Alberta Court of Appeal Says Class-Action Lawsuit Against WHL Can Proceed

The Western Hockey League says its teams can't afford to pay players a minimum wage, on top of other benefits they already receive.

It looks like a class-action lawsuit against the Western Hockey League will be allowed to go ahead, with the players involved.

On Tuesday (May 15) the Alberta Court of Appeal ruled in Calgary the judge who granted certification last year was right to exclude players from the league's teams in the United States. The suit says players have been paid less than the minimum wage, as little as $35 per week for between 40 to 65 hours of work. It is asking for back wages, overtime and vacation pay.

The WHL is arguing its players are "amateur student-athletes'' and it can't afford to pay them minimum wage on top of benefits they already receive, including post-secondary scholarships. The league also says several teams would be forced to fold if they had to pay players a minimum wage.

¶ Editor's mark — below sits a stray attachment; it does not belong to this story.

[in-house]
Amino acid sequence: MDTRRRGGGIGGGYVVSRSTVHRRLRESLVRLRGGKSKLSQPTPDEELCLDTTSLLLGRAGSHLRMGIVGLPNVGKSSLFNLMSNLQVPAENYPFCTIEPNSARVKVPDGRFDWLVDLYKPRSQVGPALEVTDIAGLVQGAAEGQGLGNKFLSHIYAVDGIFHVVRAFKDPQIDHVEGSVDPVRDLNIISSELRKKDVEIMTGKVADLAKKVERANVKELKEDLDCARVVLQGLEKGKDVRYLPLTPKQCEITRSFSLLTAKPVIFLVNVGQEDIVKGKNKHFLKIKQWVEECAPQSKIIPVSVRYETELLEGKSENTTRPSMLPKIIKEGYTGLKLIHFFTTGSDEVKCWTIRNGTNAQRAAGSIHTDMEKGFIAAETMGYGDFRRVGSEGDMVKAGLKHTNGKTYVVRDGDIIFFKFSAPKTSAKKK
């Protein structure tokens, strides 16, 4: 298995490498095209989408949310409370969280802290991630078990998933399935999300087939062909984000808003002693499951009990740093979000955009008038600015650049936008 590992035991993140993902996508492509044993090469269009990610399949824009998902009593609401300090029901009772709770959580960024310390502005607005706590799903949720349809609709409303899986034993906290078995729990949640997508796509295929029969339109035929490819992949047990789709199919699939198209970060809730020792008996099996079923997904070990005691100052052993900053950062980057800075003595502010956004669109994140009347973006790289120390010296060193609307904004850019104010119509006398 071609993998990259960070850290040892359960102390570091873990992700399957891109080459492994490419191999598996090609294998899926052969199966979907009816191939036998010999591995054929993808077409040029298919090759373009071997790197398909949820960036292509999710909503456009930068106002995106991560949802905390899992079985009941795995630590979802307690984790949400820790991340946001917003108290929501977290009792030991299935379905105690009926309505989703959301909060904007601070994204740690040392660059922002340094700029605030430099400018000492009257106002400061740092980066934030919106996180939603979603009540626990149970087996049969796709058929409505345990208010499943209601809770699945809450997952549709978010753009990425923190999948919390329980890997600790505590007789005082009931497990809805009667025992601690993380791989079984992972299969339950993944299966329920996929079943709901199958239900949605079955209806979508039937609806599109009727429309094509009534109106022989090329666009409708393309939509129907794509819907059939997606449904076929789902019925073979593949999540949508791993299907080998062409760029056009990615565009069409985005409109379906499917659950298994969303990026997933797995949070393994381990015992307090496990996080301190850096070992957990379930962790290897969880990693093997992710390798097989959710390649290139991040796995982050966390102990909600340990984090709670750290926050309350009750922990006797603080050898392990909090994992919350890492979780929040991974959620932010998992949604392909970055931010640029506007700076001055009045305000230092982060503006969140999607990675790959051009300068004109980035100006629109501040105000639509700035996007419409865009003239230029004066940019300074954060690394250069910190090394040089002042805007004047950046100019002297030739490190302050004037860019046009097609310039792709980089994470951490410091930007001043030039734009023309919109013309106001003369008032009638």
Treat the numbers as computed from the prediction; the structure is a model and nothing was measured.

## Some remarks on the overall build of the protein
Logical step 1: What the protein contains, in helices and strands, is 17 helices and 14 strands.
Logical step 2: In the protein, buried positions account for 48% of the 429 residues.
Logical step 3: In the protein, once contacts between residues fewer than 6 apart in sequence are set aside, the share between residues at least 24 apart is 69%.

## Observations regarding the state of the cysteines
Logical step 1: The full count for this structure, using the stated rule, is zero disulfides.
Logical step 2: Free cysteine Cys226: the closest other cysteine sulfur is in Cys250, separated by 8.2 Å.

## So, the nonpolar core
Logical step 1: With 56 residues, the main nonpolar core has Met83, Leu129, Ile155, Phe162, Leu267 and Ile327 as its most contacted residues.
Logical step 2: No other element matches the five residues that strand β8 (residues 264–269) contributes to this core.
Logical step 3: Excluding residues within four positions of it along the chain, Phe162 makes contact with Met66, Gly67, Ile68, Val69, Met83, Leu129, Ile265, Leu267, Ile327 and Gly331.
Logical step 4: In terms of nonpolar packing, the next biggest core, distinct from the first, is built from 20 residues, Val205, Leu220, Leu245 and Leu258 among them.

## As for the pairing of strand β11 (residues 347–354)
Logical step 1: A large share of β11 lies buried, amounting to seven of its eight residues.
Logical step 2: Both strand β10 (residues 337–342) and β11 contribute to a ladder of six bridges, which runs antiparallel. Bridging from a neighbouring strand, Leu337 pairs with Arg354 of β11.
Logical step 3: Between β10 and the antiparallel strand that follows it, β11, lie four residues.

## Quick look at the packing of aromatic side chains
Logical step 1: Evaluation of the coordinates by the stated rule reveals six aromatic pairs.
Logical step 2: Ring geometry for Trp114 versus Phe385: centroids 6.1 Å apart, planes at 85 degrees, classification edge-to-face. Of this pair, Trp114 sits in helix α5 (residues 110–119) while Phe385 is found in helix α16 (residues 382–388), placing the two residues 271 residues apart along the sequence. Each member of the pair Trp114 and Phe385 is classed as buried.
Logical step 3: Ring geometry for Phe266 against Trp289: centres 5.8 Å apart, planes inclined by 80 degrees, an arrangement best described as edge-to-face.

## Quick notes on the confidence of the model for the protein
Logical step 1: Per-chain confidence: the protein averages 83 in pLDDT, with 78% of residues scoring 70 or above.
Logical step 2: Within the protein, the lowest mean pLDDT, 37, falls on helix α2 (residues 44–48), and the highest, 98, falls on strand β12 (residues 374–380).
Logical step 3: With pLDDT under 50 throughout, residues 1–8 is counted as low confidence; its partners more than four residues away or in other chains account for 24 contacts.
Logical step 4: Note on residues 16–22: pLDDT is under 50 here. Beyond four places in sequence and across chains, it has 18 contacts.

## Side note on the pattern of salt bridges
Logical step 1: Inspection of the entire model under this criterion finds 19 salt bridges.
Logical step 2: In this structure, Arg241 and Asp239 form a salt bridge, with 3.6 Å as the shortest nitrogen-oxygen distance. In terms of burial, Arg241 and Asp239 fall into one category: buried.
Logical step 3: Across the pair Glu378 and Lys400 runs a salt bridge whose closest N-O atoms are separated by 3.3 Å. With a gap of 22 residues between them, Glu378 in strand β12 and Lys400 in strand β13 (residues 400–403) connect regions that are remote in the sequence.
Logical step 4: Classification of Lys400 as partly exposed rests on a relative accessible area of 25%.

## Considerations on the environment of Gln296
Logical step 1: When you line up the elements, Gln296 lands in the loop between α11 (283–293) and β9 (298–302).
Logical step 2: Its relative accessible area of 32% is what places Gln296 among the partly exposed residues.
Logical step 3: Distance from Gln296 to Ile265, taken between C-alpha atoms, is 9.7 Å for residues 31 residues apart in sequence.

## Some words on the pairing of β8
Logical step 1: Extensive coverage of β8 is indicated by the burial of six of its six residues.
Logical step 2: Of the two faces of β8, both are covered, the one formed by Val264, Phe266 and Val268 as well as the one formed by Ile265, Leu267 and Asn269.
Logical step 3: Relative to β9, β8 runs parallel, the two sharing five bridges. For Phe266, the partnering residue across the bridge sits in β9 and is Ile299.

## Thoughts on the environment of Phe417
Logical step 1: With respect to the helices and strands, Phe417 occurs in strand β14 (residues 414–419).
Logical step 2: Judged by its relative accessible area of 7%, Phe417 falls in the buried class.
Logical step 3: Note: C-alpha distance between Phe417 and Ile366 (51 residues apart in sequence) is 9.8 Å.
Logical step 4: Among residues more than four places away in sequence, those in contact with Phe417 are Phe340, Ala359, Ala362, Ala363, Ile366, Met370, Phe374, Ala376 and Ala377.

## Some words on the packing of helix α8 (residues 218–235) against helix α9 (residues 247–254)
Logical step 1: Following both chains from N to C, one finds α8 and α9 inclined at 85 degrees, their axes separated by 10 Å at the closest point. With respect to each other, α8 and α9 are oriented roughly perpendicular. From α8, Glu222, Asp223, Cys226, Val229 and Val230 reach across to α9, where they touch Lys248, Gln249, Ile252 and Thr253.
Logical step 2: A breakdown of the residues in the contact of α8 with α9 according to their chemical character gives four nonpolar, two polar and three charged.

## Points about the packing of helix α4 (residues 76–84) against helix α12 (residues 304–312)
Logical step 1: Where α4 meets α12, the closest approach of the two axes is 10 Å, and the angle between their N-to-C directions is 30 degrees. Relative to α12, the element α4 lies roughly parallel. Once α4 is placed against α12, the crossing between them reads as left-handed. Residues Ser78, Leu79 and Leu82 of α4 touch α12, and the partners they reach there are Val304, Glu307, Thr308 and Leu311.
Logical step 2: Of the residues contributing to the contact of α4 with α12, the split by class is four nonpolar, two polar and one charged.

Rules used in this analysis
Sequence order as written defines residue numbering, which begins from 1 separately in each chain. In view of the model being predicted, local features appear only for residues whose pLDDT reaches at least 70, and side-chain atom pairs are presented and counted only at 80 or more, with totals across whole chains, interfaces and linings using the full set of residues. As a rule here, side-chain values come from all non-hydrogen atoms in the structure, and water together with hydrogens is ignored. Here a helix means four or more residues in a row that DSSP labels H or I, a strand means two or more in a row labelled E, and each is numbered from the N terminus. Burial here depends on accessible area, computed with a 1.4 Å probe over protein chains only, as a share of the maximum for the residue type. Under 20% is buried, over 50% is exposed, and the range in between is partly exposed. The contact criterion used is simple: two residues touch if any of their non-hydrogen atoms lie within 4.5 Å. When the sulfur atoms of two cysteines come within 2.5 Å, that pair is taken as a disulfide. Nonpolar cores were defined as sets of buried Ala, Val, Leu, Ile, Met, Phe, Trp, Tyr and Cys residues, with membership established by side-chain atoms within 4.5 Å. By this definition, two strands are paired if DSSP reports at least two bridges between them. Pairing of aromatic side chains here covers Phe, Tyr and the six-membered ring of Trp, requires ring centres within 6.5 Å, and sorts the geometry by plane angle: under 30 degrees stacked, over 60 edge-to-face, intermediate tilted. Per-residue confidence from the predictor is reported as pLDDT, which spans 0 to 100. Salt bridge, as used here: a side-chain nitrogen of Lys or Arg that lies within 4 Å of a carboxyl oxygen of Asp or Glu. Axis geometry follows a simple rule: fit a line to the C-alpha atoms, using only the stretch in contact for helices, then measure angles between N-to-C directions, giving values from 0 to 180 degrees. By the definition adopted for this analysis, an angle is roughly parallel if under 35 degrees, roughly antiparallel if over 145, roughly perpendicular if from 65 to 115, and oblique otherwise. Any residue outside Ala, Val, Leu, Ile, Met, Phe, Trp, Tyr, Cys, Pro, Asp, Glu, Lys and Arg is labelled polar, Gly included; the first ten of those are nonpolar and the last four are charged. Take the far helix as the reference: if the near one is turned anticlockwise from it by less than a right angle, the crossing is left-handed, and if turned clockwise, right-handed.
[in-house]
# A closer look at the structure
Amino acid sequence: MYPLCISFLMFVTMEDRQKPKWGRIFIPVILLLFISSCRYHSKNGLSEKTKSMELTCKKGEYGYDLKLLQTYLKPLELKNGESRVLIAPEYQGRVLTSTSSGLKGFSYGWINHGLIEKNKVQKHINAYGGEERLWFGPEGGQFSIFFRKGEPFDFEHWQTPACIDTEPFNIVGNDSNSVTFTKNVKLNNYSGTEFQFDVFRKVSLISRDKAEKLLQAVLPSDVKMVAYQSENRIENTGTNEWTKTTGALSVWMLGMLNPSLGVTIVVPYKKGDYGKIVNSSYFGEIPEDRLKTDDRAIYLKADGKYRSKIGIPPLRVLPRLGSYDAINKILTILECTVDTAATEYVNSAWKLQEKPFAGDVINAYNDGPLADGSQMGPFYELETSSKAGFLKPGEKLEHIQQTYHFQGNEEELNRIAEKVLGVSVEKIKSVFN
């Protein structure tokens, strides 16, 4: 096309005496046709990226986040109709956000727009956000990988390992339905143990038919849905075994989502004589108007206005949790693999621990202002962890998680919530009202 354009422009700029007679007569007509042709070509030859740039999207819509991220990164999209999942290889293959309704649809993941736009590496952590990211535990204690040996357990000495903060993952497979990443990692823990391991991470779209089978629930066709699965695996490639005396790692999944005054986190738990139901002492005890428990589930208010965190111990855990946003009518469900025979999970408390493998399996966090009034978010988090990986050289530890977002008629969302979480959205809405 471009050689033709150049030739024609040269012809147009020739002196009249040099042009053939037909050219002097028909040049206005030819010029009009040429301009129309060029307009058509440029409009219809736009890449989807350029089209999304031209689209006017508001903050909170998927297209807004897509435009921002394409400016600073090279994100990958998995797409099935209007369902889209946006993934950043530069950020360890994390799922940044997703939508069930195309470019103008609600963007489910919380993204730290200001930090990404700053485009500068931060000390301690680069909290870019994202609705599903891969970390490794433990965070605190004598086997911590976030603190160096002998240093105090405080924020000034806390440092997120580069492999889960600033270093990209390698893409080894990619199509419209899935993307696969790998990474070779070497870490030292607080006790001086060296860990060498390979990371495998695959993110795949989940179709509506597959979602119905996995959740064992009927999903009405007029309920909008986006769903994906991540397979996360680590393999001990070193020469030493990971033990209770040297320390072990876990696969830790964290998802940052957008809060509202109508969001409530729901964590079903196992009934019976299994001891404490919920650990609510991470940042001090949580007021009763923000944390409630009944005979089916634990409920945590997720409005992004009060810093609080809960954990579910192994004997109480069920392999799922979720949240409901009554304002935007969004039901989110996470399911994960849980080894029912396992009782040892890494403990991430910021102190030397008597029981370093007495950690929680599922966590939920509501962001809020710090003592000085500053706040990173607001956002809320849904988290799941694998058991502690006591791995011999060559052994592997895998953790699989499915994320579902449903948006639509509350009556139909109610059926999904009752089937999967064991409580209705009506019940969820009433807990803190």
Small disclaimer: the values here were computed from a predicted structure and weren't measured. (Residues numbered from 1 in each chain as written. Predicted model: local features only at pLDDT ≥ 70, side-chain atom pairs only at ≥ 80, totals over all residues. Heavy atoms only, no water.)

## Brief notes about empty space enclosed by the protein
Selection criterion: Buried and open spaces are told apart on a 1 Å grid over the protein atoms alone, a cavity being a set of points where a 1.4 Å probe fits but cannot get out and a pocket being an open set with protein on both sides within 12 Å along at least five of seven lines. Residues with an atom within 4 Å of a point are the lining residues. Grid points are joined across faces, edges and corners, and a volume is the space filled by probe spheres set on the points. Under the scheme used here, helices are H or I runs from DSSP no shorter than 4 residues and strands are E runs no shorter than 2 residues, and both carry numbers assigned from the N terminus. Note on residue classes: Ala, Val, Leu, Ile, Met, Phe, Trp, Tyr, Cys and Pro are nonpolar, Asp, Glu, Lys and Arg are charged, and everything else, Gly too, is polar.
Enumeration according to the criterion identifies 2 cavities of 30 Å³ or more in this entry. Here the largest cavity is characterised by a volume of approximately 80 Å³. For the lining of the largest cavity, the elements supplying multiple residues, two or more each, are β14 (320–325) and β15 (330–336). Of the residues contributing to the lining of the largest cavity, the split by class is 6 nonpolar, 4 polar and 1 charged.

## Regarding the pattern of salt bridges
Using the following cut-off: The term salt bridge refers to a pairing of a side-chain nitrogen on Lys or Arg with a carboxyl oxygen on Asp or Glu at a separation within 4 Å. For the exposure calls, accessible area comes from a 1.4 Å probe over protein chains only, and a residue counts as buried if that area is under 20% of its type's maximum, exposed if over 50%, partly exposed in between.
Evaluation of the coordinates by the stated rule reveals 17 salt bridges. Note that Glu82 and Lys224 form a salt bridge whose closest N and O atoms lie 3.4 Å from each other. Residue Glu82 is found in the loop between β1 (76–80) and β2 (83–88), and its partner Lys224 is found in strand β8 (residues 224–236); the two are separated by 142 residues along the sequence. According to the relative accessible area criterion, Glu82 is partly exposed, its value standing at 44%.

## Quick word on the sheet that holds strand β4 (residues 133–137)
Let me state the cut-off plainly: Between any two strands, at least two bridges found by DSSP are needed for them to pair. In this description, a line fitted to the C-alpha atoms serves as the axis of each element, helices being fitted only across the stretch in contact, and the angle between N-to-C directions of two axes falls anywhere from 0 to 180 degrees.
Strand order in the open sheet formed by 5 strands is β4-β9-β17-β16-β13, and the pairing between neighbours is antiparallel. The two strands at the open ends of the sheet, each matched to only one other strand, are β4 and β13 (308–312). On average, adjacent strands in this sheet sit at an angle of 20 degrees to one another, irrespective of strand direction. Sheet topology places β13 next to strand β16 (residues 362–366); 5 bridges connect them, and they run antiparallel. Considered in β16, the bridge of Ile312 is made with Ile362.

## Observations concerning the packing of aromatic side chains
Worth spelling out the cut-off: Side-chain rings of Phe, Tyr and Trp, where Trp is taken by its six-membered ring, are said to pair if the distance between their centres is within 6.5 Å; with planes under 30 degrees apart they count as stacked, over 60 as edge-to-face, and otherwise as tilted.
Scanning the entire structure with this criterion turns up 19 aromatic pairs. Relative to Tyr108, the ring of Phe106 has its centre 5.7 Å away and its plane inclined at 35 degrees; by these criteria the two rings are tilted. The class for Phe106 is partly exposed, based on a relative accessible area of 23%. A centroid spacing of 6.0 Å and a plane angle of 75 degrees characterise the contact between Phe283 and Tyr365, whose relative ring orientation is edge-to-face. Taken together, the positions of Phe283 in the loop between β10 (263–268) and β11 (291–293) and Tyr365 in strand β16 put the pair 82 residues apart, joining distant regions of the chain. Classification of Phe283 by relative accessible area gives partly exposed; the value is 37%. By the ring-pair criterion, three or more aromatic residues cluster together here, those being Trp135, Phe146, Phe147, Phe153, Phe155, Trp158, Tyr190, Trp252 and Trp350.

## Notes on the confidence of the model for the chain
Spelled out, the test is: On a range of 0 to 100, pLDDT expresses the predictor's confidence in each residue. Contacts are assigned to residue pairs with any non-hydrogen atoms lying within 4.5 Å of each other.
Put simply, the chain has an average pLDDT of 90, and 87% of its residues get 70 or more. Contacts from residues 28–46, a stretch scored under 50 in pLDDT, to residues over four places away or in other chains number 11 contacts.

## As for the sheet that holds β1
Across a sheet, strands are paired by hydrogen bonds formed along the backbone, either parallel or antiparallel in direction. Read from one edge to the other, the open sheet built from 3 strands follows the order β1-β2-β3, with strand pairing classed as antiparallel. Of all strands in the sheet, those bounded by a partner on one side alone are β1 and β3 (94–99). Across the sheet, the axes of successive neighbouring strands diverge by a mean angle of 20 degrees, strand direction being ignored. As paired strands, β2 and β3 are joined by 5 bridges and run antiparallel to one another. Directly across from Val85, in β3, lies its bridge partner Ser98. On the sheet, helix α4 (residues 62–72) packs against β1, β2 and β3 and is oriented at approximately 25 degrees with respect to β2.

A similar situation is taking place in Ontario with the OHL and a suit is also pending with the QMJHL.

- Pat Siedlecki with files from SPORTSNET

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